Status quo on repo rate
The RBI (Reserve Bank of India) left its benchmark interest rate, the repo rate, unchanged in its policy meeting on June 7, 2016. The repo rate stands for repurchase option rate and is the key monetary policy rate for the RBI. This is the rate at which the RBI lends to commercial banks. The reverse of this rate—that is, the rate at which banks park money with the central bank—is known as the reverse repo rate.
A change in the repo rate signals an increase or a decrease in rates to commercial banks (IBN) (HDB). Other rates, like the reverse repo rate and the MSF (marginal standing facility), are fixed against the repo rate. The rate impacts the movement of the rupee, which impacts the revenue of exporters (TTM). This affects India-focused funds (ETGIX) (INDA), as well.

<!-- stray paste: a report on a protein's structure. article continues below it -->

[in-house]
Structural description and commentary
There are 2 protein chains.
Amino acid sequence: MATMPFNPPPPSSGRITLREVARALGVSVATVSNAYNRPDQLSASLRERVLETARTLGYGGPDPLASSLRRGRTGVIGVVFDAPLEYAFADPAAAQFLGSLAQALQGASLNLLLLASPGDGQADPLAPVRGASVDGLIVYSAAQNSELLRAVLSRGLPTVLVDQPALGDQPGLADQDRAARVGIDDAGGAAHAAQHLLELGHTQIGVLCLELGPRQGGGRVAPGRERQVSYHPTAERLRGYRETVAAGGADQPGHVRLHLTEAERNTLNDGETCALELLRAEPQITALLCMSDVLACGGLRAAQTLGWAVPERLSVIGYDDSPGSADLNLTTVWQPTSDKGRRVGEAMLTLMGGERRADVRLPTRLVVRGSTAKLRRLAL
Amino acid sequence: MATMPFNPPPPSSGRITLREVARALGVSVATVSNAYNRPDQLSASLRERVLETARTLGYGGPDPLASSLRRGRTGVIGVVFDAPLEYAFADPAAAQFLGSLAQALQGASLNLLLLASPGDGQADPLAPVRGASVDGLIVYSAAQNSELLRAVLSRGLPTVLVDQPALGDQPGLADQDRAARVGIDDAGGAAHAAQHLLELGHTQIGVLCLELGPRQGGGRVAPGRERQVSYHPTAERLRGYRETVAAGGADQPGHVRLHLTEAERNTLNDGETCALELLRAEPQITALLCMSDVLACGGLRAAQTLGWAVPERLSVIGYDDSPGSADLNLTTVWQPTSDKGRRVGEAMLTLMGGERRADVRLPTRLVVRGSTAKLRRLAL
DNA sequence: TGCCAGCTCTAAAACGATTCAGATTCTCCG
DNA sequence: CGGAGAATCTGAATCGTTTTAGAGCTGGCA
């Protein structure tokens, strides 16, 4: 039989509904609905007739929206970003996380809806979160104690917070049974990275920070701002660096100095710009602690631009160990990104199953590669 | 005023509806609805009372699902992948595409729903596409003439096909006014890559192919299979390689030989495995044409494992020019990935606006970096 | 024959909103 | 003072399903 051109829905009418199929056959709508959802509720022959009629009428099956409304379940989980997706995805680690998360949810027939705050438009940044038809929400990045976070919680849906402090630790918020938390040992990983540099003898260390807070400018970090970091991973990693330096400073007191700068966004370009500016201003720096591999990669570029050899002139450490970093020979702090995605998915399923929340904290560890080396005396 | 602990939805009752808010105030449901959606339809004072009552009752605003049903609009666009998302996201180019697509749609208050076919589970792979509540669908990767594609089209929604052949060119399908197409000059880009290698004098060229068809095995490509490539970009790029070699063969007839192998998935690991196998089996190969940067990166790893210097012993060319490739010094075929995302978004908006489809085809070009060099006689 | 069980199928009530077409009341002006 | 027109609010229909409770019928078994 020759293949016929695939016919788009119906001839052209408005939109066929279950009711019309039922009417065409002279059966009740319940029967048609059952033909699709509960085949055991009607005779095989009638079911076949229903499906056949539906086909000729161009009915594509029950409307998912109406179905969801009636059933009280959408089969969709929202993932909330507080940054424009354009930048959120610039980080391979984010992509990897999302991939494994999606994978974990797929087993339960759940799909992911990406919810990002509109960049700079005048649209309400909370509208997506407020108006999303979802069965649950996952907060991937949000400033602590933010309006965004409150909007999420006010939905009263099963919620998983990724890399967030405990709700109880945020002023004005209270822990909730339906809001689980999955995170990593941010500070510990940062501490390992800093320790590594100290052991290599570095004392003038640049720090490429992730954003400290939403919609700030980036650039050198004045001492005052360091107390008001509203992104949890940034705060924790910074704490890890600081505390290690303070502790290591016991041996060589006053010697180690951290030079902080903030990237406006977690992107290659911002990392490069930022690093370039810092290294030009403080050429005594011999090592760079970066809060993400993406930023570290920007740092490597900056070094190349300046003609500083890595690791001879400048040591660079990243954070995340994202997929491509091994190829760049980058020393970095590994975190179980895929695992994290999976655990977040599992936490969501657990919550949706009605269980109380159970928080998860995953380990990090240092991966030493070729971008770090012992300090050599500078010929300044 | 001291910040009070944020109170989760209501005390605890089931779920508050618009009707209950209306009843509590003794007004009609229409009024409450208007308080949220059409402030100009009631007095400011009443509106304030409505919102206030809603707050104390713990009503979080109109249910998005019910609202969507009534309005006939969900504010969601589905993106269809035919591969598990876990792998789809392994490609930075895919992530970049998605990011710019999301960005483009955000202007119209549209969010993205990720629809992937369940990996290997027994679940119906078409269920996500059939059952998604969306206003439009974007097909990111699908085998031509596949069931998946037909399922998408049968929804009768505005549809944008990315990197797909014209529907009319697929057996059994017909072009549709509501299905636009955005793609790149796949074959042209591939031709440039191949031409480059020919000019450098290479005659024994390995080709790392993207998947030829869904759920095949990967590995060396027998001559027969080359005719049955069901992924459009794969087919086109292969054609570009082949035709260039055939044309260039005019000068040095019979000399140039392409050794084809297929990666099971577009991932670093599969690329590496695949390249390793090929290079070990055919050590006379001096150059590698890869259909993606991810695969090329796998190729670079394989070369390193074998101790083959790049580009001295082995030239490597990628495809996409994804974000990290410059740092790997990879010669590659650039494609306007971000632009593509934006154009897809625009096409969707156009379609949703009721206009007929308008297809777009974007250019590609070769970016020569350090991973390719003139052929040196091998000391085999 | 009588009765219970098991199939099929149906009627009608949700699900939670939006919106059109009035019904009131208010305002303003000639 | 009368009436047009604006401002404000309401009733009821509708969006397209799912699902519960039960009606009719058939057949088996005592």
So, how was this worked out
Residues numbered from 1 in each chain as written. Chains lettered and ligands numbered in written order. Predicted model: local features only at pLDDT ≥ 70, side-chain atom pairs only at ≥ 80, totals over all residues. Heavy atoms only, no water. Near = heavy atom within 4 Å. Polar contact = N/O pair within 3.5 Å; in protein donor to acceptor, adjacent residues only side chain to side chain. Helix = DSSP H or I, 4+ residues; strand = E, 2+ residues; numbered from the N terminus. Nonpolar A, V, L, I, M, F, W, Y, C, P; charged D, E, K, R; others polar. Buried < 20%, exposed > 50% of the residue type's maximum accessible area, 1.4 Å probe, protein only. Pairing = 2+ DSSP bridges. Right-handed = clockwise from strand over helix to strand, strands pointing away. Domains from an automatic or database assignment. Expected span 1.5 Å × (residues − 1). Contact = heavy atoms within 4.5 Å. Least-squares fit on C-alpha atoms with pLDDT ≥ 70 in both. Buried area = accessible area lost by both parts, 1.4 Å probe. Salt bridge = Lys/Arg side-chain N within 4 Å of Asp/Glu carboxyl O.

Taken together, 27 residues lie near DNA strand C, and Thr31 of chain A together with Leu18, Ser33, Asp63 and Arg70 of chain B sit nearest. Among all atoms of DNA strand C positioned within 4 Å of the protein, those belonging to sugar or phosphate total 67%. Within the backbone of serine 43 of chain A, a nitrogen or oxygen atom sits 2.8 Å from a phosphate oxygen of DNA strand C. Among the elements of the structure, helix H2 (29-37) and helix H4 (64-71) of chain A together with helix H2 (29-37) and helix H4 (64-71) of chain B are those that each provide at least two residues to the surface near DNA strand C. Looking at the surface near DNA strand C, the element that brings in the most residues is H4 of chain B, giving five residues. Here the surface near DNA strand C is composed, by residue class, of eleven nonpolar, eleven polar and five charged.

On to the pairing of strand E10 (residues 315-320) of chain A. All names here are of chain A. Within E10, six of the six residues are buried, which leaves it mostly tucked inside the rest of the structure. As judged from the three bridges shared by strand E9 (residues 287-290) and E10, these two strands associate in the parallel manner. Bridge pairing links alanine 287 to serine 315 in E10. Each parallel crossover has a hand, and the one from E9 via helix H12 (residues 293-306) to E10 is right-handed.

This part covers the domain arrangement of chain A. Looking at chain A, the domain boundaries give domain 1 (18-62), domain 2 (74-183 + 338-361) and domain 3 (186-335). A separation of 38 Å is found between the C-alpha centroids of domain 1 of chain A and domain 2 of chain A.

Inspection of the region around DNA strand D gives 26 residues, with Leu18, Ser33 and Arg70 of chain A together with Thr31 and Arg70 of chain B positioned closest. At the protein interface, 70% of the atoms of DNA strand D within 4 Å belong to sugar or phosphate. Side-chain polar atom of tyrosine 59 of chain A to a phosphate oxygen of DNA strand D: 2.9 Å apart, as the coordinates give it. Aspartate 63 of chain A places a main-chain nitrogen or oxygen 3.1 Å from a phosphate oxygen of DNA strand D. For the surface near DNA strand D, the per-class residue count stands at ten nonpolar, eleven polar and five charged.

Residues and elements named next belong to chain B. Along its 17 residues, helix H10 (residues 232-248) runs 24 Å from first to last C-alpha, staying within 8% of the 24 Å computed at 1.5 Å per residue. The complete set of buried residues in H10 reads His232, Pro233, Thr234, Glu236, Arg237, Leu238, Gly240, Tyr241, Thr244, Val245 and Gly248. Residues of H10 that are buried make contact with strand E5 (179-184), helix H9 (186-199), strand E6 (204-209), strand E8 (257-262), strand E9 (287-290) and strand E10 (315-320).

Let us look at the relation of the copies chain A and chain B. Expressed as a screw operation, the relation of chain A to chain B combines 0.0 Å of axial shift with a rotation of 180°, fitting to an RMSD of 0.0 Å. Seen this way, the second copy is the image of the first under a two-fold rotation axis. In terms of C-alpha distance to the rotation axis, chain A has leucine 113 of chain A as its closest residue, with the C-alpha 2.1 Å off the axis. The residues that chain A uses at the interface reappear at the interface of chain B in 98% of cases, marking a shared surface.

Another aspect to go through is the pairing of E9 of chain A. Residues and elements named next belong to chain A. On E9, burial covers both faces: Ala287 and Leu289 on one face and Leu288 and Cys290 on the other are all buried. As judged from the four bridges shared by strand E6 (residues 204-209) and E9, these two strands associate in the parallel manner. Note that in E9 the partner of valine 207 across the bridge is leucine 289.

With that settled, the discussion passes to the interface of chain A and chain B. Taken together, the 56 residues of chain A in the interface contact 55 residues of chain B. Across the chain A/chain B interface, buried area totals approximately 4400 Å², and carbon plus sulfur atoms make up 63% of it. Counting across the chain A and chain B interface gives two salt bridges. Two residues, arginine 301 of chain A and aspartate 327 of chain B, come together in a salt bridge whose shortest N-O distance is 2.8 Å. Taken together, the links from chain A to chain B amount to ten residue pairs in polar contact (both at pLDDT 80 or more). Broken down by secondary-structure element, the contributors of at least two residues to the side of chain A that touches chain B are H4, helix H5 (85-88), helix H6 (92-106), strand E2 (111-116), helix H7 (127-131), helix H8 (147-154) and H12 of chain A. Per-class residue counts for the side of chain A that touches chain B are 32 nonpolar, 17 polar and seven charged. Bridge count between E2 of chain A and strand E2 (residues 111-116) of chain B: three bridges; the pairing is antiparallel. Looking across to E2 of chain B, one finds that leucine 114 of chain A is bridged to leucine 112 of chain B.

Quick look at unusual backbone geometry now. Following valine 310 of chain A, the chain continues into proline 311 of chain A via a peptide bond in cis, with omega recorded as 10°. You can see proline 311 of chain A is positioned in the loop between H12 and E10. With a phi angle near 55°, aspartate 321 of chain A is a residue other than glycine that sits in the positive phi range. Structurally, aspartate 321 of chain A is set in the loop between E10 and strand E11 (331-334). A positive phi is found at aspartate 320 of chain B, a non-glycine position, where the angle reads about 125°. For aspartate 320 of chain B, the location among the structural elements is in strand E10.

The RBI has decided to leave the repo rate at 6.5%, the reverse repo rate at 6%, and the MSF rate and the bank rate at 7%.
In India, policy meetings are held once every two months. During the previous meeting in April 2016, the RBI slashed the repo rate by 25 basis points.
The decision to leave rates unchanged was not very surprising. Although there were calls for a further reduction in the repo rate from some market segments, most economists expected the RBI to stand pat on the key policy rate.
In this series, we’ll see why the RBI remained unmoved on its key policy rate and what lies ahead for India’s central bank in terms of its stance on monetary policy. We’ll begin by discussing what led to the unchanged repo rate in the next part of this series.